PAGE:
Why Can’t The Pope Apologize?

Pope Benedict XVI’s American adventure has come to an end.

The Catholic leader performed his final mass at New York’s Yankee stadium Sunday, during which he briefly addressed the sex abuse scandal, a running theme in his Stateside visit.

In a glancing reference to the sexual abuse of children by priests, he said that praying for the kingdom of God “means not losing heart in the face of adversity, resistance and scandal. It means overcoming every separation between faith and life, and countering false gospels of freedom and happiness.”

Benedict and his colleagues obviously want to put the scandal behind them, but such an ending most likely won’t come to pass.

There was anger even as the Pope offered his initial abuse address, as he flew over to Washington DC. And that anger does not seem to be dying down. MWC News Editor Robert Weitzel definitely isn’t letting the issue be swept under the carpet. He penned a scathing review of the Pope’s “apology” and also insists the Pope offer a few more apologies:

A “penitent” Benedict said that he was “deeply ashamed” of the pedophile priests who scandalized the Catholic Church in the U.S. He said, “It is a great suffering for the church in the United States and for the Church in general and for me personally that this could happen.” He did not dwell on the suffering of the 13,000 victims, one of whom described what happened to her as an “abuse of her soul.”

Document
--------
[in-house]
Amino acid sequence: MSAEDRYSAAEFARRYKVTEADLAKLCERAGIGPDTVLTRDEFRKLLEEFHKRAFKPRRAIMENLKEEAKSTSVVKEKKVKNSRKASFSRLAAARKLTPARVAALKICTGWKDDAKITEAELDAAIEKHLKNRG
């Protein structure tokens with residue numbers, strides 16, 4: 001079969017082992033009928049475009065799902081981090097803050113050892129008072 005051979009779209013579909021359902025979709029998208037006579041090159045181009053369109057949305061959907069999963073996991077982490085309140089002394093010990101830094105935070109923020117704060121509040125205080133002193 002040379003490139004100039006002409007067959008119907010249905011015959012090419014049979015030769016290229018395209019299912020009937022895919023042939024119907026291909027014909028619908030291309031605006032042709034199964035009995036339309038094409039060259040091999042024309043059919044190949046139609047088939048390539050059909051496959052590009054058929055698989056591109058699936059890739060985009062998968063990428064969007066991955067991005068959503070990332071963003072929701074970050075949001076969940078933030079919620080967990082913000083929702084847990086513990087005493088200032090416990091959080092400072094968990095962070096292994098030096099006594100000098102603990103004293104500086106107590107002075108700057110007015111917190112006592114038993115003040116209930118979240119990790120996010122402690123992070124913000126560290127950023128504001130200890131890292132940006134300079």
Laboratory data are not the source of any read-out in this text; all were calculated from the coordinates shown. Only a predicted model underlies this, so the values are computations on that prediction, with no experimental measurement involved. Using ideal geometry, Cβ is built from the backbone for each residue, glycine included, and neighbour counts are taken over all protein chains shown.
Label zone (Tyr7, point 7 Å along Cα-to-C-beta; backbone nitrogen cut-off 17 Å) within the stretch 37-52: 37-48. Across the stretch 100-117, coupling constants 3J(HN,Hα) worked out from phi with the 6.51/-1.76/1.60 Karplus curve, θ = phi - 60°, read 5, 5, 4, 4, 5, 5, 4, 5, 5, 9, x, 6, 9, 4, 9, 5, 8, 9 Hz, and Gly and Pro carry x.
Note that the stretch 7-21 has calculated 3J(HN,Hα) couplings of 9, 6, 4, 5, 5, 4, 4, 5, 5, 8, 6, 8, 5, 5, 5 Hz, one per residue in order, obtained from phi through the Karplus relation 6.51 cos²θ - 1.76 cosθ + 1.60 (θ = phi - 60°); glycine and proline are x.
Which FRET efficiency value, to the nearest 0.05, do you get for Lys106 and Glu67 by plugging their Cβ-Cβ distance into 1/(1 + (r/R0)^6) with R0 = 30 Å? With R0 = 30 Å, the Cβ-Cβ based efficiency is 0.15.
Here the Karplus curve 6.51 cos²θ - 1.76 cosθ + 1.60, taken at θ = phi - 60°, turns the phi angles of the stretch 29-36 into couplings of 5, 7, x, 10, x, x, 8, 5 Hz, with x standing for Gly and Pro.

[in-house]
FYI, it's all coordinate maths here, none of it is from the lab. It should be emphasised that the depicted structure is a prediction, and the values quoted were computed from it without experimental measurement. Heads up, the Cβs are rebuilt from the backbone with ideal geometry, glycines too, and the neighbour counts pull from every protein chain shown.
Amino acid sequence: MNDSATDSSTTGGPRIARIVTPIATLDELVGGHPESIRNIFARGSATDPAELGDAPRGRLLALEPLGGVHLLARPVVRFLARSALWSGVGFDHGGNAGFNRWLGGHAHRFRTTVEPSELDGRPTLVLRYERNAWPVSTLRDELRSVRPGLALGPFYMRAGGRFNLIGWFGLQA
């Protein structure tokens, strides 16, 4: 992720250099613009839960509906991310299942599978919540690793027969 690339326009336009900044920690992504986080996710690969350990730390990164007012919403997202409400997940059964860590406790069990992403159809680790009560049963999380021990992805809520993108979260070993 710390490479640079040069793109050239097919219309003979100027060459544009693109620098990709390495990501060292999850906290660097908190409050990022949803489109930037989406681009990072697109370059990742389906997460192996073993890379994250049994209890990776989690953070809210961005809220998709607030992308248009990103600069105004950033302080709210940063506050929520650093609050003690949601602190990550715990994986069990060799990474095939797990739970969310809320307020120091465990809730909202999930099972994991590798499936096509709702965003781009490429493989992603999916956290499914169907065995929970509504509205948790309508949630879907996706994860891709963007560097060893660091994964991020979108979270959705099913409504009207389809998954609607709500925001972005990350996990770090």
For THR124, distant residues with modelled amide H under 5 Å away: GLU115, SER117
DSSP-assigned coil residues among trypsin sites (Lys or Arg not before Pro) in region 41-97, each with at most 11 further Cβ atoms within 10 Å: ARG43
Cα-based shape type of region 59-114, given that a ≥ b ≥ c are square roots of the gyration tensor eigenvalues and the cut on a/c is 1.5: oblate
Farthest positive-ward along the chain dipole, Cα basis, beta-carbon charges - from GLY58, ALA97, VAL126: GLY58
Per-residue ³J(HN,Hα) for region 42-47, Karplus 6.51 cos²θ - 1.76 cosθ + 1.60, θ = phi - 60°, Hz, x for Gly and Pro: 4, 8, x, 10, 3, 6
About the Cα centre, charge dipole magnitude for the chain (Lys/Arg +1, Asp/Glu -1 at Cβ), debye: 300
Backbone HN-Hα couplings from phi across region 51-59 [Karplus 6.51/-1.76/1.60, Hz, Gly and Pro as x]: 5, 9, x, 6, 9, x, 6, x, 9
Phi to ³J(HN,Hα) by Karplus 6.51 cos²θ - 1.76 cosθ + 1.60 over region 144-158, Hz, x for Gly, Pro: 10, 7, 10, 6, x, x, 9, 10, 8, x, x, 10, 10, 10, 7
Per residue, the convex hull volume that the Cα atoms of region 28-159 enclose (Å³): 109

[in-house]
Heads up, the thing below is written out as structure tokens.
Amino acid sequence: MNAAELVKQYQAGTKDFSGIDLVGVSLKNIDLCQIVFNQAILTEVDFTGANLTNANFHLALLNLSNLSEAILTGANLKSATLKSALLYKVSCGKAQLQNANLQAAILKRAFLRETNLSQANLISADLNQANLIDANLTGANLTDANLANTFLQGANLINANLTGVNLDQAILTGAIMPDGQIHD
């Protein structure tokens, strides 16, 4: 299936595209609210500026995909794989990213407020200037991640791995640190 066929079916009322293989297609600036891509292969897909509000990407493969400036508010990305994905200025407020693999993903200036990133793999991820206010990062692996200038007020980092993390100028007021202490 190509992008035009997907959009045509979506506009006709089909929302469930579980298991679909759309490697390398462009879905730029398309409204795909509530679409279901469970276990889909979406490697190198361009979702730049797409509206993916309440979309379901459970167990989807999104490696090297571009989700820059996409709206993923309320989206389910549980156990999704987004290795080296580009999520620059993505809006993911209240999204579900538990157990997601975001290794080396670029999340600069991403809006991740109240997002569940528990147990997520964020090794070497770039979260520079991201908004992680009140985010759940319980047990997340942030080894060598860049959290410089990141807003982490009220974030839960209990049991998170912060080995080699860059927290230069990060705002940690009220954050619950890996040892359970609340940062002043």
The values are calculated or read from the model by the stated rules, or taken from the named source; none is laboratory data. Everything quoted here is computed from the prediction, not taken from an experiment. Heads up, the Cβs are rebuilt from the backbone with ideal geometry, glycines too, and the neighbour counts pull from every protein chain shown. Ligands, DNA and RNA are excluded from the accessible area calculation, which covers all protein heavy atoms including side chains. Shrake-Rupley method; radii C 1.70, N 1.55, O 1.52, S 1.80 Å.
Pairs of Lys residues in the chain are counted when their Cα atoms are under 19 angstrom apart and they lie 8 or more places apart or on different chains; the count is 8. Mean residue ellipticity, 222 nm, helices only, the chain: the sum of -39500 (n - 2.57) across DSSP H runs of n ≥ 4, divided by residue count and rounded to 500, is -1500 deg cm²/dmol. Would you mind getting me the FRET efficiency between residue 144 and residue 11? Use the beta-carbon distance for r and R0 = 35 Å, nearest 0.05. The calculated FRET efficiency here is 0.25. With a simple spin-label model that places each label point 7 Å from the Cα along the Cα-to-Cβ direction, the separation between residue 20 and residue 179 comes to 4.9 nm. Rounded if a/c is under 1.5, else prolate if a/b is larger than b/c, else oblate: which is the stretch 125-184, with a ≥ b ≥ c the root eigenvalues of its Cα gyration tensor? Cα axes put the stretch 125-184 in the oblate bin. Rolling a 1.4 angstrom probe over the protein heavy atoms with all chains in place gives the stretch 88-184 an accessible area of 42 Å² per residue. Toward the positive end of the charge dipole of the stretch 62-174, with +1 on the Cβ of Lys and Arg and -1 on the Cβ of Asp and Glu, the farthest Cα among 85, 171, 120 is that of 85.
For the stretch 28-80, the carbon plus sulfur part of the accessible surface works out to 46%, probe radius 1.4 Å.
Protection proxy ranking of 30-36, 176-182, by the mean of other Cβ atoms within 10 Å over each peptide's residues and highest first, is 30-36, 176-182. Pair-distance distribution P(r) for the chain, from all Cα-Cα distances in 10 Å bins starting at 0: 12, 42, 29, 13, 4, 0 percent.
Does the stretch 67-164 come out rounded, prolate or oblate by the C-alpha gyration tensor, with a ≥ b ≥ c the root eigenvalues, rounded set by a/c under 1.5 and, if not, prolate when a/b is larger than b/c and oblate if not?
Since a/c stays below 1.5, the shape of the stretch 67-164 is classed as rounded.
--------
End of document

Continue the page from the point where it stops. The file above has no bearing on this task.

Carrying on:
There are a number of other people to whom he needs to apologize: [such as the] gays whom he called emotionally immature and homosexuality “objectively disordered…

One can’t help but wonder why the Pope can’t muster an apology.

Perhaps it’s his holiness’ humility. As he said during his American tour: “No words of mine could describe the pain and harm inflicted by such abuse. It is important that those who have suffered be given loving, pastoral attention.” While that would make a convenient explanation, it sounds like a cop-out. More likely, the Pope refuses to say “I am sorry,” because such a confession would inherently highlight the Church’s guilty conscience. And the Pope can’t have the international movement implicated in this largely American dust up. As the Catholic Church says,

The basic requirement for a good confession is to have the intention of returning to God like the “prodigal son” and to acknowledge our sins with true sorrow before the priest.

Modern society has lost a sense of sin. As a Catholic follower of Christ, I must make an effort to recognize sin in my daily actions, words and omissions.

As Ashley Hall points out, the Pope previously worked in the Vatican’s legal department. He knows the exact depth and horror of the abuse, which, according to the Church, was afflicted on at least 13,000 kids. The Pope’s knowledge, however, didn’t make it into his claims of shame.

Like an ex-gay preacher man, Pope Benedict XVI’s asking for suppression, rather than forgiveness. Thus, the Church’s road to reconciliation remains unpaved.